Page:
Office for National Statistics figures obtained by Mr de Bois show that in the ten years to 2011, a total of 3,599,000 people permanently left the UK.
Contrary to the perception of the typical emigrants being older people retiring to a life in the sun, the figures show that 1,963,000 of those who left were aged between 25 and 44.
By contrast, only 125,000 people of retirement age emigrated.
Quite seriously impressive numbers actually.
Research for the Home Office last year found that almost half of all Britons who emigrate each year are professionals and company managers.
So that report by the Work Foundation insisting that there is no international market for British management looks a little thin then.
So why are so many sodding off?
I’m sure the weather has something to do with it. Ditto the tax system.
I originally left for work reasons. Moved again for same. Came back for a little bit and found, well, not that I had left Britain but that to some extent Britain had left me. That happens when you’ve been off for a decade or so. So I left again.
And everywhere does indeed have the same sort of intrusive government that we all complain about. But there is a difference out here. In much of the world (at least, in many of the places I’ve lived) both sides, both governors and governed, know that this is an imposition. That the description of government as stationary bandits is true at least in part.
Thus there’s a wariness about being too serious about the rules, about those impertinent demands. In both the US and the UK I’ve found it different. Those imposing the rules really do think they are defending civilisation from the hordes that would destroy it. As an example, for complex reasons my flat in Bath was declared an HMO. I can just about, just, get the points about kitchen doors therefore having to be fire doors. It’s a standard Bath Georgian, one flat to a floor. If three of five are owner occupied it’s not an HMO, if three are rented it is. Odd that owner occupiers are free to burn to death in a way that tenants are not but there we go. The perils of national legislation: they had to abandon the idea of providing fire exists when whole streets are, front and back, Grade II* listed.
But I really did fail to see why the law insisted that there must be 1.5 m2 of preparation space in the galley kitchen. And whether this was legally necessary or not depended on how many other flats in the building were rented or not. And what I found worst was that everyone was dead serious about enforcing this. To the point that there were demands that I should redo the entire kitchen or the whole house would be declared unfit for human habitation.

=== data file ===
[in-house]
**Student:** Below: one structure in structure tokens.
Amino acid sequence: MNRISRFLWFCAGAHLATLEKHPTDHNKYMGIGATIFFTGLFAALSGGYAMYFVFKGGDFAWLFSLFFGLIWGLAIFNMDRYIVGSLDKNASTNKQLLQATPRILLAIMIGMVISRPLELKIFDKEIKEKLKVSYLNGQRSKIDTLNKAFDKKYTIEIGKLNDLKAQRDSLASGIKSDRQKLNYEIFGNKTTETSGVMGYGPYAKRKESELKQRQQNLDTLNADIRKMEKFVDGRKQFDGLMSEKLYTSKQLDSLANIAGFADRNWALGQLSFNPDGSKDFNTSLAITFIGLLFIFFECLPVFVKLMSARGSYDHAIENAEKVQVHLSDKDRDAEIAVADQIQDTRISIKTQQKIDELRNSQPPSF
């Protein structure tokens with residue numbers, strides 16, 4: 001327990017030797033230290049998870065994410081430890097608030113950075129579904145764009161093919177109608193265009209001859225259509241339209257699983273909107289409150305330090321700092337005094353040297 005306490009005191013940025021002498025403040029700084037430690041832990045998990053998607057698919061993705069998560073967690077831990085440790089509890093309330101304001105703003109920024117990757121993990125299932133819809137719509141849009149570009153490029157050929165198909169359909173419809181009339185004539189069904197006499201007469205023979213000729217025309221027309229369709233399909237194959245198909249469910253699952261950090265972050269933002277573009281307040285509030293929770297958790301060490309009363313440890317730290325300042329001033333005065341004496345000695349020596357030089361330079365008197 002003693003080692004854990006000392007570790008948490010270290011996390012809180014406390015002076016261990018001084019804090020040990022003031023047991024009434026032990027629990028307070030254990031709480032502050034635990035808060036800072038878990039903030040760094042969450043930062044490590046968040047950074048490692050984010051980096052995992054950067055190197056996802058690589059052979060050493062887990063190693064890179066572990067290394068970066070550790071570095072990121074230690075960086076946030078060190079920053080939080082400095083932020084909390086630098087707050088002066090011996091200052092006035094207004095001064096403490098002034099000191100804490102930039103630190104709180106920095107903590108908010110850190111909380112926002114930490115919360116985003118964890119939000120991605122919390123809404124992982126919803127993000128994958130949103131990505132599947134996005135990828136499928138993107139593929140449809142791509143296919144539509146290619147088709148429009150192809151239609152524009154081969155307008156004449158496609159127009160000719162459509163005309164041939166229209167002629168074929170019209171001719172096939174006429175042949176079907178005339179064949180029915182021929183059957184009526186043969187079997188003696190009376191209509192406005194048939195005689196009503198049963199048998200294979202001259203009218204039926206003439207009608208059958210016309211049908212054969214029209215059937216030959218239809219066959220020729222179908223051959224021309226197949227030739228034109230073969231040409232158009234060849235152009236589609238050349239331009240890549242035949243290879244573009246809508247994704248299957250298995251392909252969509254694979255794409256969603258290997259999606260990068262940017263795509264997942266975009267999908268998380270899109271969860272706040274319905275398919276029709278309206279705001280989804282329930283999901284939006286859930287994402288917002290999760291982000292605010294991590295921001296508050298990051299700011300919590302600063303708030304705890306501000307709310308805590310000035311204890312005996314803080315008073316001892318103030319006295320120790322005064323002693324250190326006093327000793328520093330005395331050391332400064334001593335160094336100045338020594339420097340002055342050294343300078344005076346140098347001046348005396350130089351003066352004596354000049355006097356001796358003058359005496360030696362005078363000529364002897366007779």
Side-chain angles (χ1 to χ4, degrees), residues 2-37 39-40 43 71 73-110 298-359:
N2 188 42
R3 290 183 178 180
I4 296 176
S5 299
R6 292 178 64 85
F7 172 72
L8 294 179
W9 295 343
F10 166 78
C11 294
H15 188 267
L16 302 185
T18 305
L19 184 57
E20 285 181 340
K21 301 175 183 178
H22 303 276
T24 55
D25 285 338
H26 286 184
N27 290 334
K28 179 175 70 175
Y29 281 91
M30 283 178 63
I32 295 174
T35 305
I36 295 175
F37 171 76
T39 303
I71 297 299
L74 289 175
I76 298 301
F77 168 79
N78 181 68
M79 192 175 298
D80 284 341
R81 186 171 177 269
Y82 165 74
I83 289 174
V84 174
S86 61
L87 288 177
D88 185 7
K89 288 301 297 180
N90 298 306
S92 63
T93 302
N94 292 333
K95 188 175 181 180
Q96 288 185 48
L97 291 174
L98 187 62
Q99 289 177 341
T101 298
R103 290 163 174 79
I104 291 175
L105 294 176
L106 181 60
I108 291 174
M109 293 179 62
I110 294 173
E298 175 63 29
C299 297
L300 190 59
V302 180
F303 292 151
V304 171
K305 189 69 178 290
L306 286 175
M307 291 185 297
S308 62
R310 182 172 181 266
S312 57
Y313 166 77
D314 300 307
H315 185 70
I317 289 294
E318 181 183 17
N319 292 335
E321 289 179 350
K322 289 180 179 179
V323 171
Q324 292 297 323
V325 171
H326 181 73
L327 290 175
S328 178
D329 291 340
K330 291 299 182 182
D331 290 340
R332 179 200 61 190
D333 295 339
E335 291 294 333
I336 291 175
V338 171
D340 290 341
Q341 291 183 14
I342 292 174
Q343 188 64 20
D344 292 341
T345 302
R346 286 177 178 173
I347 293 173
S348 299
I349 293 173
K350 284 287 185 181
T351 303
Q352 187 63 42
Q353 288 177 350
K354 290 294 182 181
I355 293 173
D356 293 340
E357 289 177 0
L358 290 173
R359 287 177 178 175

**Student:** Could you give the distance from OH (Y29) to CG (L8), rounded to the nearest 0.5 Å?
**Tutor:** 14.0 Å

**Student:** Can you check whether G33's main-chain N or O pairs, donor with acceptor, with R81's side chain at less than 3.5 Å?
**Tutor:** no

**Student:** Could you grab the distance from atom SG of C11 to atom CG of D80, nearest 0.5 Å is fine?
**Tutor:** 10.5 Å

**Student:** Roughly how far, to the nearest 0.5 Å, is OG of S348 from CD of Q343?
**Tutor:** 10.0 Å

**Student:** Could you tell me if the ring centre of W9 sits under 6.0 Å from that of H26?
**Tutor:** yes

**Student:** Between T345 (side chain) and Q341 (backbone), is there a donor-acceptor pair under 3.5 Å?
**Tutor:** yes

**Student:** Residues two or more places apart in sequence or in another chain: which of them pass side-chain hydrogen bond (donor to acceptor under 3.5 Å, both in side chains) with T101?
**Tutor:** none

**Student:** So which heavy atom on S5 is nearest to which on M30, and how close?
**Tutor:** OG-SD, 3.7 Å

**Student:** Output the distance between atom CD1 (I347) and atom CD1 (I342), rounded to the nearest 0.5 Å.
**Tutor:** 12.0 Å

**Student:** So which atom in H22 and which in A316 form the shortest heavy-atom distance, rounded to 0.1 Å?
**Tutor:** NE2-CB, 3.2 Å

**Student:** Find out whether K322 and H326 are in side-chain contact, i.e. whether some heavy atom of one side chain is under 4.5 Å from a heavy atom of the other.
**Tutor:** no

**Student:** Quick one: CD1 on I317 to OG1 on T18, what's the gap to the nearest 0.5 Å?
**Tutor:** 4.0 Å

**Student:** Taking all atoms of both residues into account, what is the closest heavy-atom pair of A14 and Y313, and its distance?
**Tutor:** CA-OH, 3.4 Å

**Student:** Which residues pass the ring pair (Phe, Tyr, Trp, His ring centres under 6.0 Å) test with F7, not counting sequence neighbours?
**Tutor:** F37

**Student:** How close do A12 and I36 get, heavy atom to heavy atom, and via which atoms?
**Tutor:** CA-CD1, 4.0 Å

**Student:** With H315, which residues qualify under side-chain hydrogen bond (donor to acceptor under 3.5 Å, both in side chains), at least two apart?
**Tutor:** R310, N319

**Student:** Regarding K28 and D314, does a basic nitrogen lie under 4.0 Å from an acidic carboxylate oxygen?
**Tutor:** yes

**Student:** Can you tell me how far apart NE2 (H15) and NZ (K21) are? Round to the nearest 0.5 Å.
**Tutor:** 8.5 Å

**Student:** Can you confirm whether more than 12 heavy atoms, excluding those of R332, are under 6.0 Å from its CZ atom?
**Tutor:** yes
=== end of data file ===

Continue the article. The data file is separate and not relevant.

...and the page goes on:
The Men With Clipboards.
In Portugal the same sort of building regs. In this case it was about having converted a door into a window. A quick chat around the back and a flash of a brown envelope and we were done. We both knew that the laws had no real meaning at all, that they were really an excuse for a rent to be demanded.
Is this corruption? Sure. Am I happy with corruption? Nope, not at all. But, all in all, I do have to say that I prefer it to an army of people seriously trying to enforce the millions of rules and regulations that plague us all.
It’s actually that most admirable of British (perhaps English?) characteristics. We do take the law seriously. The deal has always been that there will be few of them but we’ll obey them. But for me that deal breaks when there’s so damn many laws. In the end I prefer living where one can and does scoff at most of them, while still obeying the important ones. There are parts of the world where, keeping your head down of course, not being too obvious about it, you can just get on with life without having to bow repeatedly to Those Men With Clipboards. Something that I don’t quite see as being true in England any more.
Yes, weather, taxes, cost of living, work, all have an influence. I simply couldn’t do what I’m now doing in Czech in the UK for example: the geology is wrong. But over and above that, and it’s close to absurd to put it this way, there’s a sense of being freer now outside England than inside it.
Another very odd way of putting it. By living outside England I’m able to live rather like it used to be possible to live in England. Sure, they demand permits and licenses and permissions: but nothing very much happens if you don’t knuckle under. Which brings me back to I’m not sure that I did leave England. I’m almost carrying a little bubble of it around with me as I go. I’ll obey (and do) the important laws and the others, well, they don’t really exist do they, as they didn’t used to. It’s England that left me.
I’ve had the same conversation with both German and Czech engineers about mining law. Sure, you need a license to go mining. But the terms of those licences are interpreted expansively. Even the bureaucracy agrees that if something is even vaguely permissible, just possible to squeeze into the strictures, then you can do it. I just don’t think that English rules and regs are treated that way. Rather the opposite, if it’s even vaguely possible that it isn’t allowed then it’s verboten.